Nobel Prize winning physicist speaks about new teaching methods

Dr. Carl Wieman, PhD. ~ photo courtesy of
Dr. Carl Wieman, PhD.  ~ photo courtesy of
Dr. Carl Wieman, PhD.
~ photo courtesy of

Colorado State University–Pueblo Provost Dr. Rick Kreminski, PhD., welcomed Nobel Prize winning physicist Dr. Carl Wieman, PhD., on behalf of the Center for Teaching and Learning Thursday evening in the Hasan School of Business Auditorium.

Wieman’s lecture focused on how researched methods are making educators better at facilitating students growth in a subject. He said the best way to support students is by supporting the faculty, and a good teacher is someone who facilitates learners.

The methods he proposes are not better for the best or worst students but are the most effective for those with a human brain. Wieman said if you “don’t have any students with human brains” that’s when another method should be sought out.

The lecture hall contained about 45 individuals ranging from students and faculty to members of the community. Wieman opted out of using a microphone, inviting those who couldn’t hear him to move closer because. He eplained that research shows that students who sat closer to the front learned better.

Wieman currently is appointed as a professor in the physics department and Graduate School of Education at Stanford University where he also attained his doctorate. Kreminski detailed Wieman’s accomplishments which included several national and international awards for his work in the field of science and education research.

The methods Wieman discussed are meant for university classrooms and could be outlined under five steps: motivation, connect with prior thinking, apply what’s known about memory, the explicit, authentic practice of expert thinking and timely and specific feedback on thinking. The majority of the hour-long lecture focused on the last two of the process.

In order to get students thinking like an expert, they must go through thousands of hours of intense practice to develop this skill. Wieman said it “doesn’t have to unpleasant, just hard.” Anyone who wants to learn must be able to monitor their own thinking and reflect on it. It isn’t about filling the brain but rewiring it.

The teacher’s job is to create strenuous material and provide timely feedback on why a thought process is right or wrong. Wieman stressed the idea that more learning is done when why something is wrong is explained versus just explaining what the correct answer is.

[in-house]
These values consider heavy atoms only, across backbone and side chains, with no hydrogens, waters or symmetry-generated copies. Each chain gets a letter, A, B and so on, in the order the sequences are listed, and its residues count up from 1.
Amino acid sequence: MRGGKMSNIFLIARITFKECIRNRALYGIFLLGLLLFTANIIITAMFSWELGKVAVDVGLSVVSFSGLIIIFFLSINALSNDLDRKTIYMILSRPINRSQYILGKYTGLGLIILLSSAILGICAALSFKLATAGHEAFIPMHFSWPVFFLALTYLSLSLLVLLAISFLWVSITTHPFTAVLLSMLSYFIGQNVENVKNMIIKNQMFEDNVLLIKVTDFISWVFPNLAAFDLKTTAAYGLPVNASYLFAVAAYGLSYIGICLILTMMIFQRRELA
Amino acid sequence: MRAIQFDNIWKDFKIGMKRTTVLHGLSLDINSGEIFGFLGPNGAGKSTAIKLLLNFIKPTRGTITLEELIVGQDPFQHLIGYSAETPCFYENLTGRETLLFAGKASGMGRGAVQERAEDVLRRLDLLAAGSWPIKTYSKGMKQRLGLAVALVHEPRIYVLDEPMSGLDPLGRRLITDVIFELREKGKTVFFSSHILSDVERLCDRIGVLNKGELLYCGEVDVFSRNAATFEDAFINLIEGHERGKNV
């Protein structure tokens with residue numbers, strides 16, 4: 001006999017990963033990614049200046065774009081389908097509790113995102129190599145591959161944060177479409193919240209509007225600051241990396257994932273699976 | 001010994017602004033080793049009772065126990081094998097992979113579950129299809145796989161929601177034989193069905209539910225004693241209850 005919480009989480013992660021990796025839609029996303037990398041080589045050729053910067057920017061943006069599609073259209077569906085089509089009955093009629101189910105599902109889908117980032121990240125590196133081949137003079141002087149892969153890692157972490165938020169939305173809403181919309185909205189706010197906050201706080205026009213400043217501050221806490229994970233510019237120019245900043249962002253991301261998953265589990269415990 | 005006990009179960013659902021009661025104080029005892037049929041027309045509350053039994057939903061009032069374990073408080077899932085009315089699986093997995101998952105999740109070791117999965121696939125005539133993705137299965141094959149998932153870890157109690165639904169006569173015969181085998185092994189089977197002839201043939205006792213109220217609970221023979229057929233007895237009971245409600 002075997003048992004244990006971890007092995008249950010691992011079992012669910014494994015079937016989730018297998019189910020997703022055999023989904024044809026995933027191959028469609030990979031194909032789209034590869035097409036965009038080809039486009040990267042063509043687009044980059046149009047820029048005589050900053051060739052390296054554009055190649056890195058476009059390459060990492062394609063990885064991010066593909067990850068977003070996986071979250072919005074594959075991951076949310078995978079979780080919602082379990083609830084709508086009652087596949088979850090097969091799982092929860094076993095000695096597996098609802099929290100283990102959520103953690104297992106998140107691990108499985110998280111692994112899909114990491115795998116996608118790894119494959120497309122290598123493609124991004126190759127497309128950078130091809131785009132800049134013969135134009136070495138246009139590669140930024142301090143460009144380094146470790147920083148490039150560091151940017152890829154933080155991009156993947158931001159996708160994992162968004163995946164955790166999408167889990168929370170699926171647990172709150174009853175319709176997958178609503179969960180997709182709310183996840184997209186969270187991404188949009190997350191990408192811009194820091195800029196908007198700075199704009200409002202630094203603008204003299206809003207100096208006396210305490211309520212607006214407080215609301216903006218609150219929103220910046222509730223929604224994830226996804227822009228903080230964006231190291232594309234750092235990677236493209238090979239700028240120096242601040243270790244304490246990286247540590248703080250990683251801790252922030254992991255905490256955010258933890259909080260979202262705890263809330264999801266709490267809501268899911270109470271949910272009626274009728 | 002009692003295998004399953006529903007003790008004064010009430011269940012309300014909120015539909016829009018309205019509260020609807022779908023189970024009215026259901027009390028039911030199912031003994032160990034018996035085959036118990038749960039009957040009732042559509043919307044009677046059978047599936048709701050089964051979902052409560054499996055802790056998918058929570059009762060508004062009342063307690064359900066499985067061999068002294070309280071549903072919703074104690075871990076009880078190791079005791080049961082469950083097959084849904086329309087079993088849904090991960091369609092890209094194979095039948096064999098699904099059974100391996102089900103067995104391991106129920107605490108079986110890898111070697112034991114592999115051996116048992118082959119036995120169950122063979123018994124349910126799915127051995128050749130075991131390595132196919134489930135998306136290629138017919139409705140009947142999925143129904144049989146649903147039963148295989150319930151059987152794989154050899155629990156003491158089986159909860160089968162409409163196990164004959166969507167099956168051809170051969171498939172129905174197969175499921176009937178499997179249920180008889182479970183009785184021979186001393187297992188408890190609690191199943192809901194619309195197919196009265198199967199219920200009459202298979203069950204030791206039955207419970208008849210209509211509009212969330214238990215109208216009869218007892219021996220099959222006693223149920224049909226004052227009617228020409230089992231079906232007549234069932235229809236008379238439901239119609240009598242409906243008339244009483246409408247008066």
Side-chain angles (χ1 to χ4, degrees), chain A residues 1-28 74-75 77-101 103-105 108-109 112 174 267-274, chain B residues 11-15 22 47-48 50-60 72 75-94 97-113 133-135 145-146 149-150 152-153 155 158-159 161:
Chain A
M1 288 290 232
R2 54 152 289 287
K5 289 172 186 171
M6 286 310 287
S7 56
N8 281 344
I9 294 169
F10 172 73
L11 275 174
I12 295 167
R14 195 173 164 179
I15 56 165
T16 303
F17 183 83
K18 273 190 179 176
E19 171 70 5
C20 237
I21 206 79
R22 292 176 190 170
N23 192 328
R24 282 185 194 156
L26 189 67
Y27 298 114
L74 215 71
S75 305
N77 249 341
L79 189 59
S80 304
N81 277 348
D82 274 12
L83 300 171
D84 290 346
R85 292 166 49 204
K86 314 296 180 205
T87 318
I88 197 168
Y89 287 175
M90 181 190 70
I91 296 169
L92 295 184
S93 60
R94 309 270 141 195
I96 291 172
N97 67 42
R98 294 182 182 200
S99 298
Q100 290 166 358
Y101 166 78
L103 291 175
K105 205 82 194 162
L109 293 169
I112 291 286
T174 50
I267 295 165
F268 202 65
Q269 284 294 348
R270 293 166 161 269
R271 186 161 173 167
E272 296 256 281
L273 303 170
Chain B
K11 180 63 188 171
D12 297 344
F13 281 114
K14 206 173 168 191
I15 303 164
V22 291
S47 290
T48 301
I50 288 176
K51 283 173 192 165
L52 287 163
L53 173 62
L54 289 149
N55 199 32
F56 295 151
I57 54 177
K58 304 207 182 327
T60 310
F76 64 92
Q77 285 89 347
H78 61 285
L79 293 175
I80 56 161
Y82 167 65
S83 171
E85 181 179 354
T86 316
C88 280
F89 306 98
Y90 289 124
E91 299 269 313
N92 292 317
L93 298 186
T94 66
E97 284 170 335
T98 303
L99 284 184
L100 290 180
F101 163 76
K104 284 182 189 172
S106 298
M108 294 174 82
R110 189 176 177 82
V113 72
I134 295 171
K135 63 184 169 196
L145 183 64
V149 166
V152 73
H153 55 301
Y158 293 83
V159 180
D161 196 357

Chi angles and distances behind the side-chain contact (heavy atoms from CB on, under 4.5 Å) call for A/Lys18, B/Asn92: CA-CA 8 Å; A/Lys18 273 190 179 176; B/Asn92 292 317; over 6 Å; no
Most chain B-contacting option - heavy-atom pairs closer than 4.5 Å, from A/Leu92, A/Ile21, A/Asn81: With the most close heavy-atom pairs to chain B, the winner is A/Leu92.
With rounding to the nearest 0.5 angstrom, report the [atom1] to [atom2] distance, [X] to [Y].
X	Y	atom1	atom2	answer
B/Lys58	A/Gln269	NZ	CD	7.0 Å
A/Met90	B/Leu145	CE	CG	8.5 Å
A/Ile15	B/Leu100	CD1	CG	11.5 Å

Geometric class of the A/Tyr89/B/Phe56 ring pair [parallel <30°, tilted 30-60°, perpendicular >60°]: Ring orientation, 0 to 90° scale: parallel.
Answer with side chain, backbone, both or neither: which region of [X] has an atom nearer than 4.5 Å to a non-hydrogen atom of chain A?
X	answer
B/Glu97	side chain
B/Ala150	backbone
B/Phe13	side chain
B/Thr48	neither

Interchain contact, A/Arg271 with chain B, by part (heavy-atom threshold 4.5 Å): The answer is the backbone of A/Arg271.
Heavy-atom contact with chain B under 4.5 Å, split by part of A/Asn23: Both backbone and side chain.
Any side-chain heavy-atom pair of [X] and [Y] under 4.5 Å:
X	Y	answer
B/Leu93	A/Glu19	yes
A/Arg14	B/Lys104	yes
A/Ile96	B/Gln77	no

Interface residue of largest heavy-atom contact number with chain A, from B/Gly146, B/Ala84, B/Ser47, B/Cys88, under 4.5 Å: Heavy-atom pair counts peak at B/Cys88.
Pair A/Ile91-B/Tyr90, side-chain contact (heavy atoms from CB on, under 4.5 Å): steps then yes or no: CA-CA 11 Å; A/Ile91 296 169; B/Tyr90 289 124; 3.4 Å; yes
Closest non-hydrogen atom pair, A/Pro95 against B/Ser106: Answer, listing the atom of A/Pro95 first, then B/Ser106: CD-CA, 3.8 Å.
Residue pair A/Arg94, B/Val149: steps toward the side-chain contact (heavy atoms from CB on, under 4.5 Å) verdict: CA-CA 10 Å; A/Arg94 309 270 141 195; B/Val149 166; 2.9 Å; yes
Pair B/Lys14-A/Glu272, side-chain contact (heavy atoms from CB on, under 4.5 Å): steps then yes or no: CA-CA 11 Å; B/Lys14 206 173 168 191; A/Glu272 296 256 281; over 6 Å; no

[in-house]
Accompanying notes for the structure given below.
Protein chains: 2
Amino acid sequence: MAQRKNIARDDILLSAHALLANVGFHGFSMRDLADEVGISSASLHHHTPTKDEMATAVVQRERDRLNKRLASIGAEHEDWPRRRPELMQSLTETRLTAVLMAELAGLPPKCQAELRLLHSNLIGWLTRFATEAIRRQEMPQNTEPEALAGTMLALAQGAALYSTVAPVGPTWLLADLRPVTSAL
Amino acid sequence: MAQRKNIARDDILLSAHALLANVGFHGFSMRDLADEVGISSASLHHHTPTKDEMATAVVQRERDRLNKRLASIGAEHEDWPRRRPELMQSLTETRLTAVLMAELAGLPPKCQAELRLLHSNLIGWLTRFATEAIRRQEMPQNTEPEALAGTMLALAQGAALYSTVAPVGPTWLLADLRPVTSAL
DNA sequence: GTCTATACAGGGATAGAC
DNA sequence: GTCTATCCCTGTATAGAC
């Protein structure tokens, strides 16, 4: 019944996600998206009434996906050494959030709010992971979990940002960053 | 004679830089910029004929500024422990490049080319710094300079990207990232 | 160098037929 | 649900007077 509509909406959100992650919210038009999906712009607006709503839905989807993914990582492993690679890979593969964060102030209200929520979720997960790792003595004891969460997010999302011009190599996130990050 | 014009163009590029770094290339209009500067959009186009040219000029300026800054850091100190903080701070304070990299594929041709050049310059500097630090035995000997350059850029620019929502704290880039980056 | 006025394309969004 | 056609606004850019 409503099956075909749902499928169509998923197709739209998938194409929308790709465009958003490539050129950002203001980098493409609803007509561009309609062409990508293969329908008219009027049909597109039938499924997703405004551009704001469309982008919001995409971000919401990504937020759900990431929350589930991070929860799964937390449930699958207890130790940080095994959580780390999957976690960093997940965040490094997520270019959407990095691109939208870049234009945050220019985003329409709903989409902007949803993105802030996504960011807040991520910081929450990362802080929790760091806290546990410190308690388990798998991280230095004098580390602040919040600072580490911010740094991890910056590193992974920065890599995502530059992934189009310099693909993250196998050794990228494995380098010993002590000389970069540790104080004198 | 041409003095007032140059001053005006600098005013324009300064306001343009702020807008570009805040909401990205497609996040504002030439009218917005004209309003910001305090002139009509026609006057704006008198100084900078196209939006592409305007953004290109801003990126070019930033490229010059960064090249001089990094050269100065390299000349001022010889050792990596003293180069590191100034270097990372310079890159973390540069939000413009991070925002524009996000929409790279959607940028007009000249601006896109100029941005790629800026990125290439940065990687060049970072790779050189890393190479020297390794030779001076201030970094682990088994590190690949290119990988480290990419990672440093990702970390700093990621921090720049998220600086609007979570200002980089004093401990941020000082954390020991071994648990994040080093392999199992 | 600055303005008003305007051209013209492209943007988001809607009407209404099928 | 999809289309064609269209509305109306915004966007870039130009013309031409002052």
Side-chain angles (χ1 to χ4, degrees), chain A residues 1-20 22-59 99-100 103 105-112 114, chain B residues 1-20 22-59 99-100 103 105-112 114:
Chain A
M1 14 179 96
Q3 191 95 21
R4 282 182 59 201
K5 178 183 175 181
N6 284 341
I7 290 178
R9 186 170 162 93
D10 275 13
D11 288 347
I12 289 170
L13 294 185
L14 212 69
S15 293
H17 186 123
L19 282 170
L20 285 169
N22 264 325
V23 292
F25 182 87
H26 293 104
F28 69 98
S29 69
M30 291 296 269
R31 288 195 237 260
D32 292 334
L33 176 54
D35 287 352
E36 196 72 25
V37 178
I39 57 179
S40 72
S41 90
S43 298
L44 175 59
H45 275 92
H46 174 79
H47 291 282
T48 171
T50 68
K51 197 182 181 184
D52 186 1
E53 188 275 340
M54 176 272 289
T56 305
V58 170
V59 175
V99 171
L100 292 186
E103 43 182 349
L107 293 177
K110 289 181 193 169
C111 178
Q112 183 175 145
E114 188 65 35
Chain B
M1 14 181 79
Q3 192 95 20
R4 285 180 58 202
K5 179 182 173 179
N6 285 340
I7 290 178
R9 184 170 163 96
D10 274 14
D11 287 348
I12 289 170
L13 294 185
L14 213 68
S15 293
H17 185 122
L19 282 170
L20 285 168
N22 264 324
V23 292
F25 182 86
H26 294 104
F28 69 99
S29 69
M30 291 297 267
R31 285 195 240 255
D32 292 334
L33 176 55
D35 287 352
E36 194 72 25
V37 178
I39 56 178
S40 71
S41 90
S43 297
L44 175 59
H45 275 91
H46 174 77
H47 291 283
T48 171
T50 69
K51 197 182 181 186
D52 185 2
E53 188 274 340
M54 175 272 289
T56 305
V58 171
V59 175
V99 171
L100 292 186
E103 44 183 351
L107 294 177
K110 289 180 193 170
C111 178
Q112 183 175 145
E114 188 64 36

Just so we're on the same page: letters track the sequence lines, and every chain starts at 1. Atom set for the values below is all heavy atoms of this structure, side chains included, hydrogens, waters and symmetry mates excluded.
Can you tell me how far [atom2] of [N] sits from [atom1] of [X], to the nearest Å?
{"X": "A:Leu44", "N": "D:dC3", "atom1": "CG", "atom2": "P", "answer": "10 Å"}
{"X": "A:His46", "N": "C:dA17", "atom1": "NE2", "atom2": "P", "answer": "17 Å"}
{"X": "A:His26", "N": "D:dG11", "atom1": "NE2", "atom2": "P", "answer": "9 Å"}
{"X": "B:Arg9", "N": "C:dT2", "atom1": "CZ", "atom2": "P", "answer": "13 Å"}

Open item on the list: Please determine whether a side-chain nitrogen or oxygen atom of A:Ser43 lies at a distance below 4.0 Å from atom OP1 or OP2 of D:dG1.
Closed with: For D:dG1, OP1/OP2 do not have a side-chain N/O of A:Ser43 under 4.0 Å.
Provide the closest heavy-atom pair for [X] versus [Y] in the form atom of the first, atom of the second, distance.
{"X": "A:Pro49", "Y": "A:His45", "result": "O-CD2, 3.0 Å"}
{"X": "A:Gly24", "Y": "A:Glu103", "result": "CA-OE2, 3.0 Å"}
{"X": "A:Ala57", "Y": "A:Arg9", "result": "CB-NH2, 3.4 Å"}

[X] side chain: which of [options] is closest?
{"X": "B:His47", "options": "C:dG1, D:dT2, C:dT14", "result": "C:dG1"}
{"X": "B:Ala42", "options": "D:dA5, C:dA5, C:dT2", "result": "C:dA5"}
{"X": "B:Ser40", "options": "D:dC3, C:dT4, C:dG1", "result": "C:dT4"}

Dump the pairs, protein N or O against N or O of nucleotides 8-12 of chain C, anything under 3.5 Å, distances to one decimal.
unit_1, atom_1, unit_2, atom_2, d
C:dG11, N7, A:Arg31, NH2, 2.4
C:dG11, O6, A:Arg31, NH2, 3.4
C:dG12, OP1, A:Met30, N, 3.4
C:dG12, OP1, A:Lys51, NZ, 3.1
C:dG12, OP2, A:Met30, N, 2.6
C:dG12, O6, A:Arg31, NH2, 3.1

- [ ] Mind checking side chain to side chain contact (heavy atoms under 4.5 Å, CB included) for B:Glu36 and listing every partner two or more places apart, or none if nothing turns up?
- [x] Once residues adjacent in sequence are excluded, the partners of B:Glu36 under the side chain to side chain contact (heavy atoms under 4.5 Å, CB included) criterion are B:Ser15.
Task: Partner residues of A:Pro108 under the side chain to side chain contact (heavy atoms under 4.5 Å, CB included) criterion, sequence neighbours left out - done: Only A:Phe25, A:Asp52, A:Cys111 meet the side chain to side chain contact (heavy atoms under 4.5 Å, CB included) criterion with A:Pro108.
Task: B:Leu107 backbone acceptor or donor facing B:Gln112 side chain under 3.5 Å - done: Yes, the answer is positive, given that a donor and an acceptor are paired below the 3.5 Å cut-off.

Audience members remained engaged throughout the lecture, but one man asked if Wieman could return to a previous slide, which Wieman responded by saying his slides would be available on the Center for Teaching and Learning website since people learn less when they are trying to write more.

Another step a teacher must take in order to be more successful involves motivating students to commit to the time it takes to become an expert. Wieman said it is “exactly what a good athletic coach does.”

Wieman discussed how these ideas can be applied in the classroom beginning with pre-class assignments followed by quizzes, group discussion and professor lecture. He displayed various experiments following these teaching methods which resulted in greater learning for all and lower failure rates.

Stanford professors saw attendance increase; the ability to cover as much if not more content and student feedback was 90 percent positive. Wieman said instructors are learning a way of teaching that is more rewarding.

Before opening the room to questions, Wieman closed his presentation but discussing how these effective research-based teaching methods could become adopted across the board. He said it was a matter of developing better ways to evaluate current teaching methods. By changing how instructors teach, students’ learning improves and faculty members enjoy teaching more.

The last half hour was spent answering questions from the audience. One question was about professors not having the time to create the materials needed to implement these new teaching methods. Wieman directed the audience to his website full of resources for science educators:

Another audience member asked, “What is it like to win a Nobel Prize?” Wieman chuckled before saying it was a nice validation of his work, but he had already received so much recognition that the prize was just that, validation. When asked if he was writing a memoir or journal, Wieman said he was too excited about so many other topics to have time to do anything like that.
Edited by: Theresa Wolf

[slickr-flickr tag=”wieman” type=”slideshow” delay=”3″ descriptions=”on” captions=”on” align=”center” attribution=”Gallery by Adrienne Burthe”]